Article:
I finally achieved a target run time (estimated) of a year on a couple of AAA batteries for the NRF24L01 and the STM32F030. The current flow is mostly zero but once a second the MCU wakes up and transmits a message leading to a current waveform like this:
The best estimate I can come up with for the average current flow puts it below 100uA which should allow very long run times off a pair of AAA batteries.
Code, circuits, results and further discussion is here
I’ve been trying to get the RTC going on the STM32F030Discovery board (The STM32 F0 Value Line Discovery board) with the aim of reducing average current consumption. After quite a struggle I finally figured it out. Demo code can be downloaded here. Next step: apply this a the STMF030/NRF24L01 node
The original code I used for this circuits consumed as much as 20mA when running. This is way too much for a battery powered application. The main power consumers are of course the NRF24L01 radio and the MCU. The radio current can be reduced significantly if its RF section is turned off when not in use. The scenario I have in mind for this device is that it would periodically measure an analogue signal and transmit the result to a base station. This requires the radio to be on for a very short time (the length of time it takes to send a packet). The remainder of the time, the radio can be in low power standby mode.
The MCU power consumption can be reduced by entering sleep mode and waking up periodically to measure and transmit data. Originally I tried to use the ARM Cortex SysTick interrupt however its power consumption was still too high. In an attempt to reduce power consumption, the AHB Bus clock was reduced (using the prescaler) but it seems that the SysTick timer stops running when you do this. This approach was abandoned and one of the other timers was used to periodically wake the MCU up. The ARM Cortex M0 can enter into two different types of deep sleep mode: regular and deep. In regular sleep mode, the CPU core is stopped but the peripherals continue to receive a clock signal. In deep sleep mode all clocks stop (except the RTC clock – more on this in a later post). If no clocks are running then the periodic wake-up timer will not run either so deep sleep is out for now. This is not too bad a situation however as the regular timers will run quite happily if the AHB bus clock speed is reduced.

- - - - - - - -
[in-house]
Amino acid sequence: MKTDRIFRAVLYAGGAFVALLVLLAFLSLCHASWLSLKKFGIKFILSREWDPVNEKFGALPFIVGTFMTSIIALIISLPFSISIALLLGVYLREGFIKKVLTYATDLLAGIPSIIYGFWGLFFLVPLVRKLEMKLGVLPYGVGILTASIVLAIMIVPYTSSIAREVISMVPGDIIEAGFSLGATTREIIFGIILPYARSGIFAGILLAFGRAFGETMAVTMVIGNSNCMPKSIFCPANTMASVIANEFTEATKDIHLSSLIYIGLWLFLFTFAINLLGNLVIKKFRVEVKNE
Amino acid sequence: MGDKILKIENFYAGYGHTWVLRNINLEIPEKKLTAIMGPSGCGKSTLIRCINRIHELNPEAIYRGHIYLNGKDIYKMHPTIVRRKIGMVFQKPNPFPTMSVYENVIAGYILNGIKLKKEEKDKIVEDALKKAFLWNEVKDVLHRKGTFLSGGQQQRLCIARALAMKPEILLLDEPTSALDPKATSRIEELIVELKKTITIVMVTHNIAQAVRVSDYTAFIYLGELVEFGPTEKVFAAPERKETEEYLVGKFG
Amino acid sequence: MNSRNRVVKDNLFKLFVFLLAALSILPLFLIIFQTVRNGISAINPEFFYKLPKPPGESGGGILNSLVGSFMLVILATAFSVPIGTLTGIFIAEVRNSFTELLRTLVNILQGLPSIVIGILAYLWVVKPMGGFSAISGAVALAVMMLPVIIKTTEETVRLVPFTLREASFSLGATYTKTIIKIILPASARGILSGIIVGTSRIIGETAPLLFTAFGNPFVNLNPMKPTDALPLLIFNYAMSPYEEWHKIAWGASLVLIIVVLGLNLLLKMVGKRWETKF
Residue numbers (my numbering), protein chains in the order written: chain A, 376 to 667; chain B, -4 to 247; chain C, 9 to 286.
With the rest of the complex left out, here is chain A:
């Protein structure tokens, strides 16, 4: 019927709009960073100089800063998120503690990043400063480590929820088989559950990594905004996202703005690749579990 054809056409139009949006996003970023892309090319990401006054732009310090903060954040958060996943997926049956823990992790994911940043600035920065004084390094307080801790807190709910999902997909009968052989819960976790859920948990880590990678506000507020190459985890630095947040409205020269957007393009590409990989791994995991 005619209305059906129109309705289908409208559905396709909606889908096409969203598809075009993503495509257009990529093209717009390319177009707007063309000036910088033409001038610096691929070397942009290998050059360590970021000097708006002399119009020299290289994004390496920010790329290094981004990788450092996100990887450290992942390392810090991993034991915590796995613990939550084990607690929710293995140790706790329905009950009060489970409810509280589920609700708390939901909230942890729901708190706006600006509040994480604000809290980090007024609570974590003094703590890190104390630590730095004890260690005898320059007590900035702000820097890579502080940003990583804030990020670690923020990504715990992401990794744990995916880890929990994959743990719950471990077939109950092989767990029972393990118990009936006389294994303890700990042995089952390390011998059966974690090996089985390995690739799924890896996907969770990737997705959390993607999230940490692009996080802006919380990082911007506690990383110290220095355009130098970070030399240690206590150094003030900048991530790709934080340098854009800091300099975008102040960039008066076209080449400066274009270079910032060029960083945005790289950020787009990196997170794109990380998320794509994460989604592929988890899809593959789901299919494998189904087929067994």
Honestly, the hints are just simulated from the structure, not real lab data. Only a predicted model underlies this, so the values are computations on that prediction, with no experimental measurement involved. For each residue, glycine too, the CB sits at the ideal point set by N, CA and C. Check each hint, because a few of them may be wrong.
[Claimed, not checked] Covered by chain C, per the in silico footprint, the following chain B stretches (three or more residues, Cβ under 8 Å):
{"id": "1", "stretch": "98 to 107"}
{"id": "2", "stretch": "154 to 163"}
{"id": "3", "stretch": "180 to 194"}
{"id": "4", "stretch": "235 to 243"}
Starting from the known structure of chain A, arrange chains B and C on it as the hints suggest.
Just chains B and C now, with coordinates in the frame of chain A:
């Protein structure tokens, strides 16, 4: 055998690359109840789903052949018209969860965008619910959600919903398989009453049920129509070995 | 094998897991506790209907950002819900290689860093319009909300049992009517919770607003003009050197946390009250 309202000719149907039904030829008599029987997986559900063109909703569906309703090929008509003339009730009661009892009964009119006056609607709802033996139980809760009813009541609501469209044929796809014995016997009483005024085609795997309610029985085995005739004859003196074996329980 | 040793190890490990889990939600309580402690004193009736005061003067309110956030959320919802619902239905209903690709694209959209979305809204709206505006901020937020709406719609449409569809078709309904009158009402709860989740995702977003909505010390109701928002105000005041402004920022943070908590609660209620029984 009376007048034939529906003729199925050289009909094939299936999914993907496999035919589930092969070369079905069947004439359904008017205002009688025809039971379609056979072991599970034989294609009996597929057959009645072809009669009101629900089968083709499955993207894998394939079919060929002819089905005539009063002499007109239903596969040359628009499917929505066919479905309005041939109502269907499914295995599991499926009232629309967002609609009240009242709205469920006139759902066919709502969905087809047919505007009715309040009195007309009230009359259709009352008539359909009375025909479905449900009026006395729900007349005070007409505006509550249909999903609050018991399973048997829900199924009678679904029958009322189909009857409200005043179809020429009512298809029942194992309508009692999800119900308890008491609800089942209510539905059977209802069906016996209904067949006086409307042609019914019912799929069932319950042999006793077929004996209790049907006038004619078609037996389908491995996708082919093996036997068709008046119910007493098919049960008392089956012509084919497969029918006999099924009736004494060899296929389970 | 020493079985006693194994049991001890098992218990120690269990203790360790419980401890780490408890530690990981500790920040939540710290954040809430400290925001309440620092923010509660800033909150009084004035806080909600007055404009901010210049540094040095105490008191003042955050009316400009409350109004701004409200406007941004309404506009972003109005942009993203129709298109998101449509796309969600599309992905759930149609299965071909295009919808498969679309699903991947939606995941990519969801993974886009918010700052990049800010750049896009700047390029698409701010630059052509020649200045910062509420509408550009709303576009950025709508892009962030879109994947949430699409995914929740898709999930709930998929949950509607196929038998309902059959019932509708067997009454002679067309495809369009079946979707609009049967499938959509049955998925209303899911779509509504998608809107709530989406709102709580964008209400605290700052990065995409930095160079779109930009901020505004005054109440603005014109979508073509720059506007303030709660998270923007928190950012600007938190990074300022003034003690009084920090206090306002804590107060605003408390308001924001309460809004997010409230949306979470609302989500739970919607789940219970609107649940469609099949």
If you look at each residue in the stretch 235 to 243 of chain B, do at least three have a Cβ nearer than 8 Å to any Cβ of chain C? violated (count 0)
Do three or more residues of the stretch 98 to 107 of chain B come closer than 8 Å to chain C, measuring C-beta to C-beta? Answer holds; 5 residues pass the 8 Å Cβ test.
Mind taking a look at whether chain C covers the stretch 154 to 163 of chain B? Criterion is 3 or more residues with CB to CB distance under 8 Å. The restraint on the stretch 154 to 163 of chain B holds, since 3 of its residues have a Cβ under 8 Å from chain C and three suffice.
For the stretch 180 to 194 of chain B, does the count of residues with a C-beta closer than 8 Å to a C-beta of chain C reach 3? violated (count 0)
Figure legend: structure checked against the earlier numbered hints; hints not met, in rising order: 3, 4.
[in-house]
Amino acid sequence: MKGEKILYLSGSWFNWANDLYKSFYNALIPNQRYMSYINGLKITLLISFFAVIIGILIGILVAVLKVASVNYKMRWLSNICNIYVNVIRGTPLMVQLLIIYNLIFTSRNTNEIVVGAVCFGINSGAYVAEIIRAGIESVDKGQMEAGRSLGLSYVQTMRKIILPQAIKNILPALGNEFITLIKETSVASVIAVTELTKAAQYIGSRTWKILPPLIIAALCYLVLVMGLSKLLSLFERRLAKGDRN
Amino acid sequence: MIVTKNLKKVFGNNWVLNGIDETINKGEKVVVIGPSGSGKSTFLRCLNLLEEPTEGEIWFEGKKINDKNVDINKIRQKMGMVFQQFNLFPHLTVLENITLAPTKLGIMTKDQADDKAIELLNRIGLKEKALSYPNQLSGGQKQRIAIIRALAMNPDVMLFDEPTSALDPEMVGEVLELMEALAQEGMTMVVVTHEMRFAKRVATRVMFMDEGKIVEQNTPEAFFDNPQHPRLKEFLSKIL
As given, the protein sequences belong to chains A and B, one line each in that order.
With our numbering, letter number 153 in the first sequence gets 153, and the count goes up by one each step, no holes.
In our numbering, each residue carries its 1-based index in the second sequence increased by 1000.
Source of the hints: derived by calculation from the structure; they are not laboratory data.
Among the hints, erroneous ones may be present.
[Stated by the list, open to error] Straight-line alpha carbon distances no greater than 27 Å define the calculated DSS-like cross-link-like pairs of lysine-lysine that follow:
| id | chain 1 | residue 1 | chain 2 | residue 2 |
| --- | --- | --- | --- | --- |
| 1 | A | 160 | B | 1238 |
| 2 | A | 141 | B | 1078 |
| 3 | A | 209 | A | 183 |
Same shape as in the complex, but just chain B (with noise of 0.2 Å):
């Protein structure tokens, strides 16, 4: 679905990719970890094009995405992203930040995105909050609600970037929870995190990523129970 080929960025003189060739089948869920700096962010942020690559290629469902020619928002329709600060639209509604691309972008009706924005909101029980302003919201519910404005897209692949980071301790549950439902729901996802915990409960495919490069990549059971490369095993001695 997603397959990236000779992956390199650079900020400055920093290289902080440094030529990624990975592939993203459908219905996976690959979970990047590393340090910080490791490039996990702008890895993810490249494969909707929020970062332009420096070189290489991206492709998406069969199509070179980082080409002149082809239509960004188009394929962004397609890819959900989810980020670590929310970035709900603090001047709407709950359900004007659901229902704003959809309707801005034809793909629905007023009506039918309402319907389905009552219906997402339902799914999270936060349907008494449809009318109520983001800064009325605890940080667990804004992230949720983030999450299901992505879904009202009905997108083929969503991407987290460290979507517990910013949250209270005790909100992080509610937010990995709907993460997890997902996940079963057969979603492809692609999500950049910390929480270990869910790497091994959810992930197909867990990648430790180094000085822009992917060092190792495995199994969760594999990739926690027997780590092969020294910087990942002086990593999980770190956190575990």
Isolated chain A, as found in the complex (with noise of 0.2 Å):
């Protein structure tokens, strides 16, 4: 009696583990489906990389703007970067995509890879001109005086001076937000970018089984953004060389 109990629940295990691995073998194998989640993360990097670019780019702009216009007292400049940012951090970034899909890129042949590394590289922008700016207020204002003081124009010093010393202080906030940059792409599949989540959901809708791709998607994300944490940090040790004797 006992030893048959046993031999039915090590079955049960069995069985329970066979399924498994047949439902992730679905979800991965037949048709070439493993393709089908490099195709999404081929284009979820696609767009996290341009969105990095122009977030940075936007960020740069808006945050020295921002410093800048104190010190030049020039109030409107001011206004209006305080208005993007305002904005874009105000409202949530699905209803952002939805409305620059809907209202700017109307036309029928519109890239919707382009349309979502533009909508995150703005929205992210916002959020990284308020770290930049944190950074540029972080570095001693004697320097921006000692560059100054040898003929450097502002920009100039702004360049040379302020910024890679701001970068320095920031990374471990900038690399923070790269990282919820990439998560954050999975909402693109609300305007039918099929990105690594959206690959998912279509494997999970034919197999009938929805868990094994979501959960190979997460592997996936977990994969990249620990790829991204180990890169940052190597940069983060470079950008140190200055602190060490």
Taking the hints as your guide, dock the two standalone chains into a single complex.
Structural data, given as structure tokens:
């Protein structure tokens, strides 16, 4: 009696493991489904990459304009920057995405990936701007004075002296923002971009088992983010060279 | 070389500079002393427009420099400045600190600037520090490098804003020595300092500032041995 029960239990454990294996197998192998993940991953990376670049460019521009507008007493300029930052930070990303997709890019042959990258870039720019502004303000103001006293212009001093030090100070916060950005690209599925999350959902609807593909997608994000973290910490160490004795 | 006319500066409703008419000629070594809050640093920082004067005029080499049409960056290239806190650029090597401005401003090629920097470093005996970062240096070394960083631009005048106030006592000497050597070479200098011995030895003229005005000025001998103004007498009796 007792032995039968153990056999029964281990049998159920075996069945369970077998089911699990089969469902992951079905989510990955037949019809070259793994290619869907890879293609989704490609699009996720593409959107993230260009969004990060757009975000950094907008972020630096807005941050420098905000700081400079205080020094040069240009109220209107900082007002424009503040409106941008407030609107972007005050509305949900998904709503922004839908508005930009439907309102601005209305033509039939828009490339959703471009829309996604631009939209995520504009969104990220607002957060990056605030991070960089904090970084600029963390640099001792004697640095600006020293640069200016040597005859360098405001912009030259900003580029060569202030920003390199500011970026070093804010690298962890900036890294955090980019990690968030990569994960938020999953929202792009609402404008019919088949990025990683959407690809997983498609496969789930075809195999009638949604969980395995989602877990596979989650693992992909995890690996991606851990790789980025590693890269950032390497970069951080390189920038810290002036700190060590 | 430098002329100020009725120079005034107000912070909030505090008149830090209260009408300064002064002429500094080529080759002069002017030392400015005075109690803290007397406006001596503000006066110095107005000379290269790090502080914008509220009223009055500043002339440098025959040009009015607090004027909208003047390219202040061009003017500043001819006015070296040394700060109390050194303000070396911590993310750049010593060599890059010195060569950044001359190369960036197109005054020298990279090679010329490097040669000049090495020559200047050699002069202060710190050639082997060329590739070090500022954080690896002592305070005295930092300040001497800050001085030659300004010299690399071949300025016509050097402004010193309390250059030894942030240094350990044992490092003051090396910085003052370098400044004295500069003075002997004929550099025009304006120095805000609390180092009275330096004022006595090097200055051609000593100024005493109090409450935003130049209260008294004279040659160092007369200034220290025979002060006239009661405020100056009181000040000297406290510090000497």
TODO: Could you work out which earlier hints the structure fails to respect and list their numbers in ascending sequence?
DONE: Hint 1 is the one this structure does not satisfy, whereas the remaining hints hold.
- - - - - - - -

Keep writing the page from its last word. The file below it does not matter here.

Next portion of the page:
The MCU starts up and, configures ports, ADC and a timer. It also initializes the radio. A measurement is taken and the MCU is put into low power mode. In this mode the MCU core is stopped and the AHB bus clock is reduced to 8MHz/512 ( 15625Hz) and most peripherals are disabled. This greatly reduces power consumption. The timer is configured to generate an interrupt every 5 seconds. The interrupt wakes the MCU core up which accelerates back up to 8MHz, re-enables the various peripherals, takes a measurement, sends data and then goes back to sleep.
The current consumption during sleep drops to 0.57mA (lets call this the quiescent current). The current while awake is difficult to measure using a multimeter however its duty cycle is very low so over time its affect on battery life is probably a lot less than the quiescent current.
If the circuit is powered off two AAA batteries in series (3V in total) each with a capacity of 750mAh (typical) then I would expect this circuit to run for about 2 months (it is currently running at 3.3V so the drop to 3V should reduce current a little).
The radio module is powered down to its lowest level when not in use so without tinkering with the surface mount resistors I can’t see this current decreasing much. It may be possible to reduce the MCU current using the build-in RTC circuit. This has an independent low speed clock that continues to run while the MCU is in a deep sleep mode. There are potentially big savings here!
The current state of the code can be downloaded here – it includes the Intel Galileo node.js code that receives data from the circuit.